Sales pitch: LNG supporters say fuel can be a low-carbon bridge to renewables

During the World LNG & Gas Series America’s Summit in Lake Charles, Louisiana, attendees debated how to open up new markets for liquefied natural gas exports around the world. One potential solution: increased efforts to sell LNG as the low-carbon fuel of the present and the bridge to the renewable energy sources of the future.

Multiple discussions focused on efforts to tackle climate change while allowing emerging economies to continue to grow. Observers said LNG could be sold as the answer to both of these problems.

“Carbon emissions are a global problem and require global solutions,” said Octavio Simoes, President and CEO of Tellurain LNG. “Natural gas is the key to this solution. “

Simoes said countries with developed economies are concerned about climate change, but should not ignore the reality that large parts of the world are more concerned with basic quality of life issues.

“We have to face the fact that the rest of the world needs energy,” he said. “How many sources are helping the planet while meeting energy demand?

The largest importer of LNG is also the seat of many developing economies: Asia.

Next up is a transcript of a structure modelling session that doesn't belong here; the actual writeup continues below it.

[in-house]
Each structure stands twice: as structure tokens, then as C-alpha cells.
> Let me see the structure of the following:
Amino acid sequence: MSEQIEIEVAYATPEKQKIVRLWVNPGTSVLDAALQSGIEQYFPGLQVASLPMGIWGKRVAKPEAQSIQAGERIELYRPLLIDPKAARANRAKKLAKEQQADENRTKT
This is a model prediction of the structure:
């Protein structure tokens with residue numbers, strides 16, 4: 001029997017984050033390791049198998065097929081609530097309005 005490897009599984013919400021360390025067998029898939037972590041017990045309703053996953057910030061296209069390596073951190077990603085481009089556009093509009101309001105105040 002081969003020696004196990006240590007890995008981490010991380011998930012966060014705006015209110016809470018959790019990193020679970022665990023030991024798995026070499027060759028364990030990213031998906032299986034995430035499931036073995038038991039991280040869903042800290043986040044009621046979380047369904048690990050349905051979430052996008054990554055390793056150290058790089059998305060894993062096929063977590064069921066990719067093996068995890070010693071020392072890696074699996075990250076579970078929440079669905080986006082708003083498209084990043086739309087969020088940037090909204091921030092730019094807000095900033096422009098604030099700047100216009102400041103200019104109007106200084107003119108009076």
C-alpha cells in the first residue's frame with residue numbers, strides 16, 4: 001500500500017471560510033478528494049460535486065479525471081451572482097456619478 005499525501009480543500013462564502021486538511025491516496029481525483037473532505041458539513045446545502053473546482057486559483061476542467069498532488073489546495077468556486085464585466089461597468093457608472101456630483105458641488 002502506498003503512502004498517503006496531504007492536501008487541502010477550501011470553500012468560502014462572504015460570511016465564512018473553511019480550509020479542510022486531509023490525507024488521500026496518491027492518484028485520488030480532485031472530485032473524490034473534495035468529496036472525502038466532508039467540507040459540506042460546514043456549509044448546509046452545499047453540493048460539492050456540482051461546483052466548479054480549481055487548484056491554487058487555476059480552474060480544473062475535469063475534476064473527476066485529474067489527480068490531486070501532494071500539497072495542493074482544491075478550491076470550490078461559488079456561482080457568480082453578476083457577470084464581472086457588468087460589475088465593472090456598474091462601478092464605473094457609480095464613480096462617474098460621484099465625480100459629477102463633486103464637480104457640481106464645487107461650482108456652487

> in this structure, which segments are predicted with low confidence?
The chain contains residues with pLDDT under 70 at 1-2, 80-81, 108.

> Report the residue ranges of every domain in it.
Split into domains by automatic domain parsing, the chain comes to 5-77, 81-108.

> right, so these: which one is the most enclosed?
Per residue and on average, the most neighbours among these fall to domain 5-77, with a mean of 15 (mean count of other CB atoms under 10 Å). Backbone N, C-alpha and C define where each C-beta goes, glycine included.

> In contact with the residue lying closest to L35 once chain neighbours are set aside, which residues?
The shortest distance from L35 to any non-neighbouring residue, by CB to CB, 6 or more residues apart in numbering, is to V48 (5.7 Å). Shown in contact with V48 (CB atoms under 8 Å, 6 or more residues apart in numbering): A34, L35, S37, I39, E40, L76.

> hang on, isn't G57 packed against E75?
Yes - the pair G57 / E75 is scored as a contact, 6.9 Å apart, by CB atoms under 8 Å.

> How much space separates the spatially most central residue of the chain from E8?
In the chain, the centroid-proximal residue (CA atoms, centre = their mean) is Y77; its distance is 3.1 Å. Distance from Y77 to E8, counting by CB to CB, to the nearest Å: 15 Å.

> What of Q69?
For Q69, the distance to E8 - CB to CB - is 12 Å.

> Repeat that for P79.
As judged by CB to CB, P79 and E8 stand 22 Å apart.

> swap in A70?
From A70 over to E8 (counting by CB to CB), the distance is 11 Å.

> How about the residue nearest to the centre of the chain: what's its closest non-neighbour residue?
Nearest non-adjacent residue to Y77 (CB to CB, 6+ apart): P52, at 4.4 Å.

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Atsunori Takeuchi, general manager and general manager of Tokyo Gas LNG Optimization and Trade Department, said his company sees LNG as an asset in creating a low-carbon future. In the near future, said the head of Tokyo Gas, Asia could import up to 500 million tonnes of LNG per year.

“LNG has a great opportunity to serve as a decarbonization tool,” he said.

Takeuchi said Tokyo Gas has entered into long-term agreements with 16 different LNG producers from six different countries in order to control costs. US exports, he said, have the advantage of being cheaper and more consistent than most competitors.

“Gas prices in the United States are as stable as possible,” he said. “This means that American LNG is of great importance.”

While the scenario Takeuchi describes looks very promising for the United States, Simoes said the federal government seems determined to let it go. The hostility shown by the Biden administration towards oil and natural gas, he said, makes things more difficult for LNG exporters.

“The rest of the world didn’t trust investments in the United States,” he said. “When some projects lost their certificates when they were already operational… and we talk about banning hydraulic fracturing, they won’t do it. “

Simoes said there is an opportunity for further LNG exports from the United States, but only if the federal government is supportive. Otherwise, developing economies will seek alternative energy sources and the opportunity to reduce emissions may be lost.

“Do you think (developing countries) will wait for the arrival of renewable energies? ” he said.

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